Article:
Opening address to the International Transport Forum in Leipzig, GermanyTransport
Tēnā koutou, tēnā koutou, tēnā koutou katoa– warm greetings to all the delegates of the International Transport Forum.
Thank you Ngāti Rānana for providing such a vibrant and unique start to the first day of the Summit. The powhiri that you have just experienced is a powerful ceremony from Maori, the indigenous people of New Zealand, that both welcomes and brings people together.
It sets the tone for what is sure to be an interesting and thought-provoking three days.
It is a privilege to be here as the Minister representing the Presidency country, New Zealand. I would like to acknowledge France as last year’s Presidency country, and also recognise Denmark as the Presidency country for 2016.
My warm thanks to Minister Dobrindt and our wonderful German hosts, to the Mayor of Leipzig and to the people of this beautiful and historic city. A city which is celebrating 1,000 years since its first official mention. I wish you well for all the events that are taking place throughout the year, and especially for the Festival Week that begins on Sunday.
How appropriate that we are here in the city of Leipzig to discuss the theme of transport, trade and tourism: mobility for a connected world. This city has long been an important trading centre. Leipzig was the crossroads for what were two of the most important trading routes in the Roman Empire.
The Via Regia brought people and trade from the Iberian Peninsula, through modern-day France to Leipzig and then carried on west to Krakow, Kiev and Moscow. The Via Imperii ran north from Venice, through Germany and on to the Baltic Coast.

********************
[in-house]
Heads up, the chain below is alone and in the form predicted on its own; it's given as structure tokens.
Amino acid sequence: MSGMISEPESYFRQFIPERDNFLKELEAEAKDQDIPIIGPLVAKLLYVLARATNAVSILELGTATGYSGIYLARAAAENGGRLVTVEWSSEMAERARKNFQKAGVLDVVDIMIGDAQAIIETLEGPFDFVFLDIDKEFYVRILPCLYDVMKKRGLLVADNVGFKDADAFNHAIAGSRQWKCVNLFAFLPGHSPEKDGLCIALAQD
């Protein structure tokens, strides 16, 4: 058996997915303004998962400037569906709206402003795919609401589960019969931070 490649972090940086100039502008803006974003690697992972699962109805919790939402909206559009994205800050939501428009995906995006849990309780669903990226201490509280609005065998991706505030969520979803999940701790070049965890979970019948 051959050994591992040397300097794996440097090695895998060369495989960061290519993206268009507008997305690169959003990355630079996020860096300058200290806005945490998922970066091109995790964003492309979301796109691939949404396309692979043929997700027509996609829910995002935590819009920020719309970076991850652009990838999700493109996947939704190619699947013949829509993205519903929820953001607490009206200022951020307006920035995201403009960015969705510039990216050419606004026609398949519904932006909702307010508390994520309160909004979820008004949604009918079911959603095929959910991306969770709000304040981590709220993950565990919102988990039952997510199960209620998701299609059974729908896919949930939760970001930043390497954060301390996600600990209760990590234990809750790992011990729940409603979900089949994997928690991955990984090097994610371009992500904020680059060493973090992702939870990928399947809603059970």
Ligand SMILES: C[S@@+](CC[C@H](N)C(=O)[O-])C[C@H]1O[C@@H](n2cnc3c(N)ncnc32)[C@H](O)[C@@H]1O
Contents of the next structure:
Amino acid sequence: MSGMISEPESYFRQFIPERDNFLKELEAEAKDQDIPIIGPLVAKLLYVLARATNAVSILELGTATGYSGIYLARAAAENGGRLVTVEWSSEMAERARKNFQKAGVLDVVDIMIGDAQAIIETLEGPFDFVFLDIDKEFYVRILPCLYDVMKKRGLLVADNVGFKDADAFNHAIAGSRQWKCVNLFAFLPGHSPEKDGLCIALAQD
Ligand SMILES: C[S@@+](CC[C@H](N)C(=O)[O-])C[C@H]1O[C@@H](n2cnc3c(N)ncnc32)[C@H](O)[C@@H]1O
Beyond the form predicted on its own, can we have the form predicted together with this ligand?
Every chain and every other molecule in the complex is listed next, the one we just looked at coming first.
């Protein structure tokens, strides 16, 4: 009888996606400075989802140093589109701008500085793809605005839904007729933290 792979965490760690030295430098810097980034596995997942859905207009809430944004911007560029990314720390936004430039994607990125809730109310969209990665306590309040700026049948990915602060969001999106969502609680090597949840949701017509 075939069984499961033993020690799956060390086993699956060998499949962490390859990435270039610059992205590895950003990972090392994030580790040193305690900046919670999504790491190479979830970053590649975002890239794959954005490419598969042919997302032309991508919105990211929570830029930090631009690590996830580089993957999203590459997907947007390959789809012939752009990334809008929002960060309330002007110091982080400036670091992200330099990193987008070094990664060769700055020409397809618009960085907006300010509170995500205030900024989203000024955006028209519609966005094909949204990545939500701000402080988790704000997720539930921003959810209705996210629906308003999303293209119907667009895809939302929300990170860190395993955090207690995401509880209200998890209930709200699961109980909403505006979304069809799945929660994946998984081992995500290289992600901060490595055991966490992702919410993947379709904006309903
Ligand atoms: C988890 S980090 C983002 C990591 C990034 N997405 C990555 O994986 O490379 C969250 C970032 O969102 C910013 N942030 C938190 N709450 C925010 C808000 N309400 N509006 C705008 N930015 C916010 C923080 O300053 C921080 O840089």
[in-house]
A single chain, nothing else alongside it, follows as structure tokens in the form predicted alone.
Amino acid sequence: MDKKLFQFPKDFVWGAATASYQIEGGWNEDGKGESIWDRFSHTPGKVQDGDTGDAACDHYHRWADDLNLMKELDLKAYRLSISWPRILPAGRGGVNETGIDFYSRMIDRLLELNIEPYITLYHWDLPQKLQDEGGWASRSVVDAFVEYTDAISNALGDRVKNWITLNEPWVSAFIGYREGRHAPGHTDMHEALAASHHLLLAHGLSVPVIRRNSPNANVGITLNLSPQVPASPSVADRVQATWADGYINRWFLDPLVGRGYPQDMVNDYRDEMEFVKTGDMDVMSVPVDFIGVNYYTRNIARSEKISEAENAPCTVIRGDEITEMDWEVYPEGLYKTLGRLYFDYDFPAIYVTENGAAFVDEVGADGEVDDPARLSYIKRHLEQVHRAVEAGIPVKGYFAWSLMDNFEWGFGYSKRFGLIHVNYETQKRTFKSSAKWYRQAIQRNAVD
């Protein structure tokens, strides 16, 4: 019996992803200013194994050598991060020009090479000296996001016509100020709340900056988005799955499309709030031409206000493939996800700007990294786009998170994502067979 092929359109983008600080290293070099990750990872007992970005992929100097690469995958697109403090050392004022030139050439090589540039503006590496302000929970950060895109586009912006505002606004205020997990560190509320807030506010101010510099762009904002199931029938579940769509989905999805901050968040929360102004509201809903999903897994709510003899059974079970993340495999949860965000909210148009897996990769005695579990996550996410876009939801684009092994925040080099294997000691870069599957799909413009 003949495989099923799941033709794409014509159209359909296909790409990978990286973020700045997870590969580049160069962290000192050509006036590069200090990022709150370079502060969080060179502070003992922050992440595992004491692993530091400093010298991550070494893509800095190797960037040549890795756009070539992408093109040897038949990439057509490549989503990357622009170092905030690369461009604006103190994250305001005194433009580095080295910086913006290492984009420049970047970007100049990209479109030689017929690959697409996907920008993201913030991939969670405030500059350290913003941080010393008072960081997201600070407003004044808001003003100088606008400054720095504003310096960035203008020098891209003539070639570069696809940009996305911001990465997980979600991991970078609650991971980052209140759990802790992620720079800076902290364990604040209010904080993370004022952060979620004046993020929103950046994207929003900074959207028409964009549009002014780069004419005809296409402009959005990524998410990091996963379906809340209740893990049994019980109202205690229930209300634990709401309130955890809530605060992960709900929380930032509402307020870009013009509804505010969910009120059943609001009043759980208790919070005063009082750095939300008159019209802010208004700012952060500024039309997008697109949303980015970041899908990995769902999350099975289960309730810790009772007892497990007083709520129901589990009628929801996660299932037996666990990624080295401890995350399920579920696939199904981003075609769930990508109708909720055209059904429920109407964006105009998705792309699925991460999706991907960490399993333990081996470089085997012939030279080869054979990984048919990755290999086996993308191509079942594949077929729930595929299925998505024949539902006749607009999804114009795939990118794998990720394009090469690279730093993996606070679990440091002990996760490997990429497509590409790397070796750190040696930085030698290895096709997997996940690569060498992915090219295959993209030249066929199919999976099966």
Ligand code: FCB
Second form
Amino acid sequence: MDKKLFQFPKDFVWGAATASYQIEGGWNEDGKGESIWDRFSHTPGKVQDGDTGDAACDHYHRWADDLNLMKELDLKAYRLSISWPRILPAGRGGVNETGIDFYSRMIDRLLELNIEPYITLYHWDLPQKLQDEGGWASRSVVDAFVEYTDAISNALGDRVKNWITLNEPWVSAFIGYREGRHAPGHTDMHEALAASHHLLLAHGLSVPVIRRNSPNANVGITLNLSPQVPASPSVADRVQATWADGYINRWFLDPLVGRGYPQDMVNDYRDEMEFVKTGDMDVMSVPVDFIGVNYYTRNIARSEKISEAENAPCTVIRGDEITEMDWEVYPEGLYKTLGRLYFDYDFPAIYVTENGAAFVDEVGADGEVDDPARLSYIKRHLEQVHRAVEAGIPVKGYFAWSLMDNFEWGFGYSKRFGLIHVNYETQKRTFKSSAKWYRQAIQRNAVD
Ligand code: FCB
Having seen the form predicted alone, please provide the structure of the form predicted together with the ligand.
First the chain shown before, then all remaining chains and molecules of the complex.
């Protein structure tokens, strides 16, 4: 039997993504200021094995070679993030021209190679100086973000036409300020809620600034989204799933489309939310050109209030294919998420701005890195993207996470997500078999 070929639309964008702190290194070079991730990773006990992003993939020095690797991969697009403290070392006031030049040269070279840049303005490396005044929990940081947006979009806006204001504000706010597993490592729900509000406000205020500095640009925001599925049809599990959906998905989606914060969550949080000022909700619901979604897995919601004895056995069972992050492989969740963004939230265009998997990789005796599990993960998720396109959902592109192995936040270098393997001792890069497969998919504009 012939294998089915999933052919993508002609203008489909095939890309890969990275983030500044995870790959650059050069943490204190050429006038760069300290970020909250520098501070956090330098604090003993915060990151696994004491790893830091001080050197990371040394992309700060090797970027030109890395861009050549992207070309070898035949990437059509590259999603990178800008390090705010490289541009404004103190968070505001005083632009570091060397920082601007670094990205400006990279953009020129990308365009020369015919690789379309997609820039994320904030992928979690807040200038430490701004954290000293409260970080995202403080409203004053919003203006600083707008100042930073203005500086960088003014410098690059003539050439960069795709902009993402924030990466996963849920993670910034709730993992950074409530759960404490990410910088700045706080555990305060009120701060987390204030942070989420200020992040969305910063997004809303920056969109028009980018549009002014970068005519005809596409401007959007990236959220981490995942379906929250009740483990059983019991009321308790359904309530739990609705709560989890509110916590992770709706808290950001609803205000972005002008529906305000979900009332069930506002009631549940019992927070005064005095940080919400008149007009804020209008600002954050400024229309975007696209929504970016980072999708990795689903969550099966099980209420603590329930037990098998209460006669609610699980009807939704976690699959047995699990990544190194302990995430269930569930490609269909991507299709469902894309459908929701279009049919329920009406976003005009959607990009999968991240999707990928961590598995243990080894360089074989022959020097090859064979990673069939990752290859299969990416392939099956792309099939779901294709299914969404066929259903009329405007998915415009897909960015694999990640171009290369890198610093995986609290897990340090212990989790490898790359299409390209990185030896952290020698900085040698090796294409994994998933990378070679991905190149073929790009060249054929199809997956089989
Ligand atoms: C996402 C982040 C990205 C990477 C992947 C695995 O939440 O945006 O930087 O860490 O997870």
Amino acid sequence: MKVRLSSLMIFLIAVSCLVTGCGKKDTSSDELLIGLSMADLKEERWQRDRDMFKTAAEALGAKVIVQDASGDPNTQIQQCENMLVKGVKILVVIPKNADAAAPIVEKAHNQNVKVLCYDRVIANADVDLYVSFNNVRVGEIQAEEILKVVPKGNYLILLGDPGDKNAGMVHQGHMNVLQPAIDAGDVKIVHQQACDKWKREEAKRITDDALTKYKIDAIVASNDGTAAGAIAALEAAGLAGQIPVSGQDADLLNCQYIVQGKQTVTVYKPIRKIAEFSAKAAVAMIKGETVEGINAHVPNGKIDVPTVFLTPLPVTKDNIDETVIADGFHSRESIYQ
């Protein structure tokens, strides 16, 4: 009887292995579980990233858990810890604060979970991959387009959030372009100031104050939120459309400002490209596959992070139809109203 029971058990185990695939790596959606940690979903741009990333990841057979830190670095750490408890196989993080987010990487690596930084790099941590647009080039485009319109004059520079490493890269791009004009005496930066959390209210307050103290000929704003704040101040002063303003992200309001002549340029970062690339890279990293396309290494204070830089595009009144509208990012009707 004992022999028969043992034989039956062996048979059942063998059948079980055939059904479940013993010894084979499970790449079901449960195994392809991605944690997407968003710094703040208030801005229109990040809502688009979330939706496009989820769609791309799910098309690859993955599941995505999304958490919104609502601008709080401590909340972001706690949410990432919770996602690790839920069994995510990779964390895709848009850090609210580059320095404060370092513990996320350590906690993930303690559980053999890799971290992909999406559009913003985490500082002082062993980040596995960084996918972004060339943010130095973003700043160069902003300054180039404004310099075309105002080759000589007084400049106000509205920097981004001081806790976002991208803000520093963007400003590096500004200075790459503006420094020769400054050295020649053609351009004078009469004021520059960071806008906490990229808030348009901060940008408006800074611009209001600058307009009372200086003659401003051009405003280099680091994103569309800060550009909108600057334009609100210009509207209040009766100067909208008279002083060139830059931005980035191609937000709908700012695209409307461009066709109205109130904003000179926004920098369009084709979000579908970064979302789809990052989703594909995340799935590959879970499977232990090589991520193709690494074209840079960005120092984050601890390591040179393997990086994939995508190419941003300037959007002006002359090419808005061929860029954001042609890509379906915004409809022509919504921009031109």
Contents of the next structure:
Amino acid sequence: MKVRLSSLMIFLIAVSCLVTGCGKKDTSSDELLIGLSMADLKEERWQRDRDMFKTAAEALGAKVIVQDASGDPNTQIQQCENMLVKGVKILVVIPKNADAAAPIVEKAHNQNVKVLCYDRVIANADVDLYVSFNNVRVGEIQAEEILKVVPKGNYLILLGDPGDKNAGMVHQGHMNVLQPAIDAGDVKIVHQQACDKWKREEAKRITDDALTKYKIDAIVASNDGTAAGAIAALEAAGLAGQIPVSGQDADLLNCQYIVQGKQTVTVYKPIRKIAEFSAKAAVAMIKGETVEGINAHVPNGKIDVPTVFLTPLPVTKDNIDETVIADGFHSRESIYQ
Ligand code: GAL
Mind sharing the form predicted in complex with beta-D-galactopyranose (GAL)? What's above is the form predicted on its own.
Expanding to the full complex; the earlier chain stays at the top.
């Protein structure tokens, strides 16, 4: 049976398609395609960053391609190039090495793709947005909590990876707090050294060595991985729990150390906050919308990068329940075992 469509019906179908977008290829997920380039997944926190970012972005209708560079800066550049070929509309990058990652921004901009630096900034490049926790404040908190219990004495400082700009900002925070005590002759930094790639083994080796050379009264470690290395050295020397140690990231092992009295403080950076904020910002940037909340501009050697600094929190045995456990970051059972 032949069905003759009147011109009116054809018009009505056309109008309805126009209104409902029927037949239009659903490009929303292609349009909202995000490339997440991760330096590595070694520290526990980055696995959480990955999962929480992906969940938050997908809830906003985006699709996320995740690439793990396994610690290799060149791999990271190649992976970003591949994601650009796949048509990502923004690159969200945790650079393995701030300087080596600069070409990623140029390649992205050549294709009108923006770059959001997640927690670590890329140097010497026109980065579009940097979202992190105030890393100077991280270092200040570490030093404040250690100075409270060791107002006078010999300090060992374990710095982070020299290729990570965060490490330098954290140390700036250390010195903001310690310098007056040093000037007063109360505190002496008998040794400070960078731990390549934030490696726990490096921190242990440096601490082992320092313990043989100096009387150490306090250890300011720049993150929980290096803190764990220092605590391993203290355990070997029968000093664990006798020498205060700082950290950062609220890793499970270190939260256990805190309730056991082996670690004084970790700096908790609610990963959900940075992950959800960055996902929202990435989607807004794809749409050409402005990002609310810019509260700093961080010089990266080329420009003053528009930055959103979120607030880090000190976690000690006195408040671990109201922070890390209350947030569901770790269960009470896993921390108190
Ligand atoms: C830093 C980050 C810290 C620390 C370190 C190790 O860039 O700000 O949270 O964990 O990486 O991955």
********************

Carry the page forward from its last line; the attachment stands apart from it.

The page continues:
But it was here in Leipzig that these two great routes converged. Where people met to exchange goods, to exchange news, to exchange ideas. And so it is that once more we come from all corners to meet and to continue to exchange ideas.
This year’s theme of transport, trade and tourism: mobility for a connected world has a very strong resonance for New Zealand. Like many countries, New Zealand’s place in the world shapes our views.
Geographically, New Zealand is further from the economic centres of the world than any other developed country. Our relative isolation has meant that we have to be savvy and innovative.
We recognise that building stronger connections with international markets allows us to access ideas, knowledge and resources that can boost our productivity and stimulate new developments. This is why New Zealand is pursuing and encouraging air services liberalisation.
We also believe that we have much to offer to the world. New Zealand has a reputation for creating high quality, innovative products and is active in many markets. The natural wonder and beauty of New Zealand also makes it a must-see destination for holidaymakers and globetrotters. Trade and tourism account for thirty percent of our GDP.
At the heart of this exchange of goods and people is a safe, reliable, sustainable and efficient transport system. Mobility connects us and is pivotal for economic growth.
Whether you are in the heart of Europe as we are today, or in a growing economy in Asia, we face common challenges and opportunities to achieving a transport system that helps our nations thrive – whether it is climate change, changing demographic patterns, changes in societal expectations, or the impact of new technologies. In particular, the opportunities afforded by Intelligent Transport Systems could fundamentally change the way we move people and goods. The discussions, debates and collective thinking that we will undertake over the next three days will help us make the most of these opportunities and explore solutions to shared challenges.
The value of this forum in promoting meaningful policy debates is significant. Each of you in this room today has an important role to play in improving transport and economic outcomes for your own country. Collectively we are also striving towards the ambitious goal of a connected and thriving global economy.
I trust that the connections made, and conversations had over the next three days will continue beyond the Summit and form an ongoing constructive dialogue on the key issues for mobility in a globally connected world.
I hope the spirit of the welcome from Ngati Ranana carries throughout the next three days of the conference.
For more information on the International Transport Forum, visit: http://2015.internationaltransportforum.org/